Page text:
A look at fresh data on four recent ICI jobs in Toronto shows that the city currently receives only 1 to 2 compliant bids on major projects, and that the bid range is as much as 22-33 percent from contractors using the same labour costs and similar labour pools. Therefore, we stand by arms length and expert research that claims that even with fair wage policies, the city can achieve 8-25 percent cost savings on its ICI construction budget.
Further, it shows that the City of Toronto appears to have a recent problem with a lack of bidders on projects, which is forcing the city to pay significantly more for projects than could be achieved with an increased number of bidders. These bidders would also represent a variety of labour models (traditional craft-based union, alternative union, and nonunion), rather than a single, traditional craft model.
What are the productivity benefits the city will see with different labour models? For starters, let’s look at how work is organized. A CLAC general contractor is not subject to 9 or 12 or 16 different trade agreements, but instead works with its employees under one, multi-trade agreement. As a result, a CLAC contractor doesn’t receive a grievance when the skilled labourer installs a concrete form, or when the operating engineer unplugs the electrician’s extension cord.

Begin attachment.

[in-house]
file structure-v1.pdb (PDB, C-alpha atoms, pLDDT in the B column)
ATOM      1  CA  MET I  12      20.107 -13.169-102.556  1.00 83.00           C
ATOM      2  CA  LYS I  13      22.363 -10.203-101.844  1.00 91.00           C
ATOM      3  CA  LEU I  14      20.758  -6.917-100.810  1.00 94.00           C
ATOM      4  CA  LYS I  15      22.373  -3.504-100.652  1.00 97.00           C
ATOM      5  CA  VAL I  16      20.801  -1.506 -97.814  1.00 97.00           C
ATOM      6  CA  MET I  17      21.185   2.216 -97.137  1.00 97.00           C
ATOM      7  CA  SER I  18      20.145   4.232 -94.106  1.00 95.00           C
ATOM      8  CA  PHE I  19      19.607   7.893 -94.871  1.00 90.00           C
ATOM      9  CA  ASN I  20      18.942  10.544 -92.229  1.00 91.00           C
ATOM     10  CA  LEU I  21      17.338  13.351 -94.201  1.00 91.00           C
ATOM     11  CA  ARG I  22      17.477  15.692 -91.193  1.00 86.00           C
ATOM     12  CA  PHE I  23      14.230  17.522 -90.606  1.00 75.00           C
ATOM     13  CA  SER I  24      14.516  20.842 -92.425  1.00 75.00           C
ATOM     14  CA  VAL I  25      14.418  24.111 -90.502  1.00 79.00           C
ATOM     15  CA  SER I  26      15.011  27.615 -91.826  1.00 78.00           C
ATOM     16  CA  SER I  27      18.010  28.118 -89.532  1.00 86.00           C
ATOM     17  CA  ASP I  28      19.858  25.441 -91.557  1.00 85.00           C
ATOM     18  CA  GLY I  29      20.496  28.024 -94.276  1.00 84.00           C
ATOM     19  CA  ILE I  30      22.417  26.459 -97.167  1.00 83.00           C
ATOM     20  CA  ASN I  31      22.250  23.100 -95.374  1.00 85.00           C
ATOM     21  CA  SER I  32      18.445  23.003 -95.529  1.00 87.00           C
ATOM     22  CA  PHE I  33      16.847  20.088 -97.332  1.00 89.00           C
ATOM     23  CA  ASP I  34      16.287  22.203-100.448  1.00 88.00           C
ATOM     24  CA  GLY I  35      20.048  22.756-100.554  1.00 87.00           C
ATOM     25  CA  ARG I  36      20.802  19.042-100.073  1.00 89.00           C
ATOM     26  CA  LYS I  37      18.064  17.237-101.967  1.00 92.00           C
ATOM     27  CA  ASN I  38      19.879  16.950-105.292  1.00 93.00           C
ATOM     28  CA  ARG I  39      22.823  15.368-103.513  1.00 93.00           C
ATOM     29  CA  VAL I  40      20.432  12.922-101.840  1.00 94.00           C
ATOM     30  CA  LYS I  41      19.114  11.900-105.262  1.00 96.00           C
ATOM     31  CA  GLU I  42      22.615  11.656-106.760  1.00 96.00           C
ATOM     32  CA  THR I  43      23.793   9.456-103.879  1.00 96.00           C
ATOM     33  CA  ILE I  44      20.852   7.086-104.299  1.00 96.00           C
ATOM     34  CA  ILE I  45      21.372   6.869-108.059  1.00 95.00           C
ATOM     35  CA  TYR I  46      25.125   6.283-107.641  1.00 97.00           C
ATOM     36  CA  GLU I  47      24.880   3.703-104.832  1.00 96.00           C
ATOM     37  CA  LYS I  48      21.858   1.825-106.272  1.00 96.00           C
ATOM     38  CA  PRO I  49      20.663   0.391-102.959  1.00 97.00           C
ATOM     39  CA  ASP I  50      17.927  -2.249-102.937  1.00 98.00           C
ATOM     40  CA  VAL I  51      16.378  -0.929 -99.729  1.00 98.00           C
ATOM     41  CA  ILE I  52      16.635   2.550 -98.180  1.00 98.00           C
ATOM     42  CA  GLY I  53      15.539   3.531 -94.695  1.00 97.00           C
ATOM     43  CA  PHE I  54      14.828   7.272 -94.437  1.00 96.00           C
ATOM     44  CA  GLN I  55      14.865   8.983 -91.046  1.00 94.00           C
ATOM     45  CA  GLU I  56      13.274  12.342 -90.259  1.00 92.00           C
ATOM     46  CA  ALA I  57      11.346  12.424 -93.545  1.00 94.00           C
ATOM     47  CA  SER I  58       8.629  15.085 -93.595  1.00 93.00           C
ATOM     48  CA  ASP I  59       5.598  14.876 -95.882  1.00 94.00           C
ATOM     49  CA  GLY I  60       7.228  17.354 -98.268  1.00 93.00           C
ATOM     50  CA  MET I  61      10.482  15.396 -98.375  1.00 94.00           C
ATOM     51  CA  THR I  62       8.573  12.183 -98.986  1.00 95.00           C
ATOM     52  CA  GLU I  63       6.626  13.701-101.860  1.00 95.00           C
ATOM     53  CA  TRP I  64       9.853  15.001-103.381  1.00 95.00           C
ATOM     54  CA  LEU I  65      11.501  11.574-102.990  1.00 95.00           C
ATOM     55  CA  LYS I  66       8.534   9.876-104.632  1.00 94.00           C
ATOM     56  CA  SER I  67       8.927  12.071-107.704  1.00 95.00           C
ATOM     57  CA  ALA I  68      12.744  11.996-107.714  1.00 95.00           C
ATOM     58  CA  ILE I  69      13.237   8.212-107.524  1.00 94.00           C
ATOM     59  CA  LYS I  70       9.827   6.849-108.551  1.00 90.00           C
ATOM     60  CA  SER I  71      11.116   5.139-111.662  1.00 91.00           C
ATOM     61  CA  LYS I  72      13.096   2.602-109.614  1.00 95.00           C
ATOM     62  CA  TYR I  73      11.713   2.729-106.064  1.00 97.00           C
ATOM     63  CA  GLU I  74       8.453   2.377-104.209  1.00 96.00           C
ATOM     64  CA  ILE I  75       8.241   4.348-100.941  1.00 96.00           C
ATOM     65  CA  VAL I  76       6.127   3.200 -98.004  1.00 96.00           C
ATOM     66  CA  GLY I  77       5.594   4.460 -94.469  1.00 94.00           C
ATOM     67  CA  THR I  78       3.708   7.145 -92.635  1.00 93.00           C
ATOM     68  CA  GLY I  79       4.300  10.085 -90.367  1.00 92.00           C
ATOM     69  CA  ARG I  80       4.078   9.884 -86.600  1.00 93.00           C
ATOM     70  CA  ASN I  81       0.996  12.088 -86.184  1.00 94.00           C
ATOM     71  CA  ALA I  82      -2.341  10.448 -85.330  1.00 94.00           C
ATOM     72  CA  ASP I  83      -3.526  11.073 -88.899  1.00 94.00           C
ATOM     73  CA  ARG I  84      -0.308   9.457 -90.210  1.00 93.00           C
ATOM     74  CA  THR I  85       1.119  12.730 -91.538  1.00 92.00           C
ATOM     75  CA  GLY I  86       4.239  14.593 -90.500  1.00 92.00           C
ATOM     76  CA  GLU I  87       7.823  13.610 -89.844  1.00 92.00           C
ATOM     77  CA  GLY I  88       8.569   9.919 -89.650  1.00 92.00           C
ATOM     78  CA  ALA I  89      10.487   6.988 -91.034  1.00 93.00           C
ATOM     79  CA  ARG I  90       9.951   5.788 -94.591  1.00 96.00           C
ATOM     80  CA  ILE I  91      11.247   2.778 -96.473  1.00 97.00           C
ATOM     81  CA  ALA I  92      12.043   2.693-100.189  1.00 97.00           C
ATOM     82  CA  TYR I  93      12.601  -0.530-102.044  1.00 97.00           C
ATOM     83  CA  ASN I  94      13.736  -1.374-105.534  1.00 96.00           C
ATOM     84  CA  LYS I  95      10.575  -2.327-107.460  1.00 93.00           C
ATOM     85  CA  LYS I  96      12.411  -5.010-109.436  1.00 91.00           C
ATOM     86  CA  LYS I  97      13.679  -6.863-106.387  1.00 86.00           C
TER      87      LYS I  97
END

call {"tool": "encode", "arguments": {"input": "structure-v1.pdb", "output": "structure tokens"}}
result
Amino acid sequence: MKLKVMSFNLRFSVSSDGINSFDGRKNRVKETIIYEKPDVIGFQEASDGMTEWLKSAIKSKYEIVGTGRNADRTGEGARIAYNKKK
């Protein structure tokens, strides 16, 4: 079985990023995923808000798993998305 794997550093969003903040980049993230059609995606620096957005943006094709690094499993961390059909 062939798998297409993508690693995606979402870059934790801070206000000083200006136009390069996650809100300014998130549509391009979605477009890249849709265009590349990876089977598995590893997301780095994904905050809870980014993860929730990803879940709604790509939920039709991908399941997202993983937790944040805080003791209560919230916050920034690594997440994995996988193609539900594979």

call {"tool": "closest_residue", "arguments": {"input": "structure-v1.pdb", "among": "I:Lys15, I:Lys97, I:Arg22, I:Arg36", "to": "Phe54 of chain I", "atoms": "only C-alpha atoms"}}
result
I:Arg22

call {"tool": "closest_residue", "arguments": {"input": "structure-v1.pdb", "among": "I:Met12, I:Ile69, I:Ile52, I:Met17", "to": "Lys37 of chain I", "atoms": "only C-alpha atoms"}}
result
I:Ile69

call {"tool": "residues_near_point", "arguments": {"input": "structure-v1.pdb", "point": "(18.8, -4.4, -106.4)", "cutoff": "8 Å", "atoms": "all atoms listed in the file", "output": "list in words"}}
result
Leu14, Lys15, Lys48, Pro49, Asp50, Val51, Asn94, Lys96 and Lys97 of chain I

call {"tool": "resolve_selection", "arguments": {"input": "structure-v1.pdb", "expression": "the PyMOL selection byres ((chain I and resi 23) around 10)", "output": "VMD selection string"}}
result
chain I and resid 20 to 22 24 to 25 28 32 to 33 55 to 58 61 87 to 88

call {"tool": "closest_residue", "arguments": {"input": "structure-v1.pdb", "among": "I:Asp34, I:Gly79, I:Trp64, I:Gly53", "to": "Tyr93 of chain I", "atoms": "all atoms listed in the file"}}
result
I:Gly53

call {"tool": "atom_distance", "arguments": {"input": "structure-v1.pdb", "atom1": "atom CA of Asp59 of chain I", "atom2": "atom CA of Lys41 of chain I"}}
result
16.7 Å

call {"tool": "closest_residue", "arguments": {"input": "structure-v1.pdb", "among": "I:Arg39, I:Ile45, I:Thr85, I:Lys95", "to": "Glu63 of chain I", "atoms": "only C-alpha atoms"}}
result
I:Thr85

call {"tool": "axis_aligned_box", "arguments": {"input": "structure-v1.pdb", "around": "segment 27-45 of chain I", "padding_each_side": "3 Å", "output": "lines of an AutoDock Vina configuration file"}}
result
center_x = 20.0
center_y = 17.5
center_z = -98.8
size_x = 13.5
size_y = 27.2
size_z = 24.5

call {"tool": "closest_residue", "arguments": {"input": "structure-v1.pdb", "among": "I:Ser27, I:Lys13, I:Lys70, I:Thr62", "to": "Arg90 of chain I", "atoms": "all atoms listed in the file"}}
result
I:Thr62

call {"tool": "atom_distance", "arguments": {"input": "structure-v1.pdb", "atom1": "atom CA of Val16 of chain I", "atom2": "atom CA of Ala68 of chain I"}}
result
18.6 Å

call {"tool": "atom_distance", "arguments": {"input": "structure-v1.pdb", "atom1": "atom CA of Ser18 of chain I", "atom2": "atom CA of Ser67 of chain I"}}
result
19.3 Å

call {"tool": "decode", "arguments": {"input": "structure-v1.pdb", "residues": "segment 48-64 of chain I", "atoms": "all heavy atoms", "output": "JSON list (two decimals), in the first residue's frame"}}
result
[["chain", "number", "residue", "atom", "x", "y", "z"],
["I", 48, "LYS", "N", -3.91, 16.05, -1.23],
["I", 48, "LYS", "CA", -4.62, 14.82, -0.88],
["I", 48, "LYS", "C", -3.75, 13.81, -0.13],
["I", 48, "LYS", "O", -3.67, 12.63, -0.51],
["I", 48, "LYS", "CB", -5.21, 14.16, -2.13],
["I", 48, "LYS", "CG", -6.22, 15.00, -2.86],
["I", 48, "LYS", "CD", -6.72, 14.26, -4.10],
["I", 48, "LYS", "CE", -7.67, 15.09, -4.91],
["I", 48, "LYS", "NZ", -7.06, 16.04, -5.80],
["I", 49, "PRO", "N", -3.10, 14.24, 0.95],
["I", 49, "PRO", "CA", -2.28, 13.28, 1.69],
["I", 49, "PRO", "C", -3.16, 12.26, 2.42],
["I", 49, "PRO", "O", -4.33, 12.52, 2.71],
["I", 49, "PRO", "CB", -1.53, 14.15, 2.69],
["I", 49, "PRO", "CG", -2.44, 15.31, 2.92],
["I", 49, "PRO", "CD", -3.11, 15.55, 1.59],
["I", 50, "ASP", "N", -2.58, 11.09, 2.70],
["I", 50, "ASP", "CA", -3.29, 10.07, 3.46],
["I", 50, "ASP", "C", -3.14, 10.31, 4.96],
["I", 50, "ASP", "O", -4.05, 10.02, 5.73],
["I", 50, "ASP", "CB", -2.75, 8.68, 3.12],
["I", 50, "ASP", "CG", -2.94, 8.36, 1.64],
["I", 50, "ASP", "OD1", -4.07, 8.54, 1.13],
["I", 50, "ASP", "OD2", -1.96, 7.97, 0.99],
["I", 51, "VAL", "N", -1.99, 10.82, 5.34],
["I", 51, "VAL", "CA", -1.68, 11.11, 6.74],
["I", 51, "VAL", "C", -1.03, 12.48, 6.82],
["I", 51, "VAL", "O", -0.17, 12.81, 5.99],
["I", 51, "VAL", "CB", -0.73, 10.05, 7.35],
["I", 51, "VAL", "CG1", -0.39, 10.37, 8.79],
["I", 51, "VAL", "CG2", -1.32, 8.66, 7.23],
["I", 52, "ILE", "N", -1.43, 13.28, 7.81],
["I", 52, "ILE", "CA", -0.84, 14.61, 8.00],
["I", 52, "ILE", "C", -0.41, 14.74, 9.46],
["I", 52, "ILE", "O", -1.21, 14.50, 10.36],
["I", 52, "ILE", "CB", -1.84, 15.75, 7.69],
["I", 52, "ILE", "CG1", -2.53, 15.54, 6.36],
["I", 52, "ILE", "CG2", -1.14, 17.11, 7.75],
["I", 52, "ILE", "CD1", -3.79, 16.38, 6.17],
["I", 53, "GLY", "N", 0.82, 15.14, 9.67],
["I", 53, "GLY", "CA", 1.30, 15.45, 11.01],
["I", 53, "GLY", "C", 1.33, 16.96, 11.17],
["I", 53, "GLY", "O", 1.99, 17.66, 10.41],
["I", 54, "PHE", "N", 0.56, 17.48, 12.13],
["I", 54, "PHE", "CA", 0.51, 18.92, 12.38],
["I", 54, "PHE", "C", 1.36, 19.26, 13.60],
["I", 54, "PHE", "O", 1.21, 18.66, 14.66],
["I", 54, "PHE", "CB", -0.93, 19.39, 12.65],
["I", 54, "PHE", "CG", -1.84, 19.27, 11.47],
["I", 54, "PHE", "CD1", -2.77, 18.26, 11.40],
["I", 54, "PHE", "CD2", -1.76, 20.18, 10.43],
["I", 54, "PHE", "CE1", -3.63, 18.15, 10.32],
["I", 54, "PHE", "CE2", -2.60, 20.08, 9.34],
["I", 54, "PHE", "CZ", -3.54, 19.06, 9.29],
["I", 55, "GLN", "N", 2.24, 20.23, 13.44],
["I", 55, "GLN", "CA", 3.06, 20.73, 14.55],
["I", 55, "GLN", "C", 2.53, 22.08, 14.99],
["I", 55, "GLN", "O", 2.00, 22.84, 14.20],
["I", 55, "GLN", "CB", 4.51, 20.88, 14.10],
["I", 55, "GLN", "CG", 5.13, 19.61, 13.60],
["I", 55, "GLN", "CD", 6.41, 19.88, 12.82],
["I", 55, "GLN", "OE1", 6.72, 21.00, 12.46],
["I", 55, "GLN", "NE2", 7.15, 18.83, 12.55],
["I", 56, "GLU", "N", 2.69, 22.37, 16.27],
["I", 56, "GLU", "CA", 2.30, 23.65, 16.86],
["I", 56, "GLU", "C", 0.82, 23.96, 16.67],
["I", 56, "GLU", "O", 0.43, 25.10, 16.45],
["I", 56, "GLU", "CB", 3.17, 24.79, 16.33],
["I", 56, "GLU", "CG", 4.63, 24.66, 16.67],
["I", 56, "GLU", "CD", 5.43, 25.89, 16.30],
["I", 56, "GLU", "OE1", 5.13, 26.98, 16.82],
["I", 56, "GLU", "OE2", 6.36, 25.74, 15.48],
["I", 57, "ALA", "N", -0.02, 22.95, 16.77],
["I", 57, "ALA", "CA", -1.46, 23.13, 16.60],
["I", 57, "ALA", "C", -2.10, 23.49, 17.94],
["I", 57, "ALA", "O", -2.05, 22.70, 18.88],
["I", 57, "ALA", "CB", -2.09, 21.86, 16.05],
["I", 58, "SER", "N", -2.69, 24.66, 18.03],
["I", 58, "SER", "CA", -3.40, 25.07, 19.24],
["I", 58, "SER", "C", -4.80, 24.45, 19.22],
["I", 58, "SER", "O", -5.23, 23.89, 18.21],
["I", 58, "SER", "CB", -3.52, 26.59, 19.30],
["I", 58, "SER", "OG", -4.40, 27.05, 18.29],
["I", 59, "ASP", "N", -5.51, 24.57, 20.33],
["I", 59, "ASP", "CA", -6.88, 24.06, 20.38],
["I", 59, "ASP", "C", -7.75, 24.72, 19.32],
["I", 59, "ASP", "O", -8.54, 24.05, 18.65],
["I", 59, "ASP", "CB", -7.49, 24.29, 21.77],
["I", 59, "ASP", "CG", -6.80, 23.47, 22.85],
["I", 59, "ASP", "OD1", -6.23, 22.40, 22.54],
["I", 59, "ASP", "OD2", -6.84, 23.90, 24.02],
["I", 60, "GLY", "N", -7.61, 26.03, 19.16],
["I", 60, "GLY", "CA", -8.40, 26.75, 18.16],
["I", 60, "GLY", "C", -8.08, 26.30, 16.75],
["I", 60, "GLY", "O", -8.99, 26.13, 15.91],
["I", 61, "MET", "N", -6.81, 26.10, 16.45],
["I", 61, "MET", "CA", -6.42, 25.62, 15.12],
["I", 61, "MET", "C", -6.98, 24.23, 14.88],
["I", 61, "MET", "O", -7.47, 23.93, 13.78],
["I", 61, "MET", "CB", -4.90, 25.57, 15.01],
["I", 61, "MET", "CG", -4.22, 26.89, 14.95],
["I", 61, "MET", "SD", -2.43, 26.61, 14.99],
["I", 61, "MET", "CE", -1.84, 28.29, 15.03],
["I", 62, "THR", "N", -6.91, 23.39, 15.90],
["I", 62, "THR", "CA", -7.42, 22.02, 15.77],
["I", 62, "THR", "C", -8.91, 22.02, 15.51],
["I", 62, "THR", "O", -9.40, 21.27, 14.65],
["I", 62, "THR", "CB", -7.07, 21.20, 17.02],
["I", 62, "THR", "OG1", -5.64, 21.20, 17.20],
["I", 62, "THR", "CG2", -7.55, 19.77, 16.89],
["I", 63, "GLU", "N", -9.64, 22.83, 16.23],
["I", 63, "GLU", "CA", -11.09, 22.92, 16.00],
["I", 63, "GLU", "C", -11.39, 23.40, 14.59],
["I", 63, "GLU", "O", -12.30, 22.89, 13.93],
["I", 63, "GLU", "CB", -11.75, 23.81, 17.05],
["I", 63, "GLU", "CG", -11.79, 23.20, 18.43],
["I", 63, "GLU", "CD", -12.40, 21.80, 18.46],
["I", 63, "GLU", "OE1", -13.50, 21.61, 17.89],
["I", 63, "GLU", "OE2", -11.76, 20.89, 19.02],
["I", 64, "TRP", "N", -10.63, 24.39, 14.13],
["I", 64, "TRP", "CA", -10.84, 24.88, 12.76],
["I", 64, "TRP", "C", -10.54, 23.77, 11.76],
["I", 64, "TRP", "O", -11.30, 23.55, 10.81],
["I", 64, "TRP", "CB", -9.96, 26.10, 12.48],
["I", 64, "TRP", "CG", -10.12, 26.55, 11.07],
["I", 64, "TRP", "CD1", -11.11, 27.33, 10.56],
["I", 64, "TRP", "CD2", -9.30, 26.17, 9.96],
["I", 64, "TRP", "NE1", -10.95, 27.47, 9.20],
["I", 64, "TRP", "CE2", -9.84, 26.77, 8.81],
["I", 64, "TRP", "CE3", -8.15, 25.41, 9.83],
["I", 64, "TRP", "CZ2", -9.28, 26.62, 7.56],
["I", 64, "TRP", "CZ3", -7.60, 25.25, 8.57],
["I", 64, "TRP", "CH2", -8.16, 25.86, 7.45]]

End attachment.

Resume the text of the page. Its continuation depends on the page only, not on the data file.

This kind of collaboration significantly alters the organization of work and results in a more efficient and more cooperative labour force. The kinds of labour turf fights that occur when multiple craft unions are vying to protect their work (known as jurisdictional disputes) are costly in staff and legal time due to litigation. These jurisdictional costs far outweigh any additional staff time required to administer and enforce fair wages in an openly competitive bidding environment.
Additional efficiencies are available to CLAC contractors (and others) because they can ask their employees to work 40 or 44 hours in a week, depending on the collective agreement the contractor has with its workers.
We cannot accurately forecast what the savings will be from an increased number of bidders that draw on distinct types of labour pools. However, according to research by the think tank Cardus, the cumulative savings of open tendering range from 8-25 percent. With over $600 million in ICI projects tendered annually by the city, this amounts to annual capital cost reduction of $48-150 million dollars per year.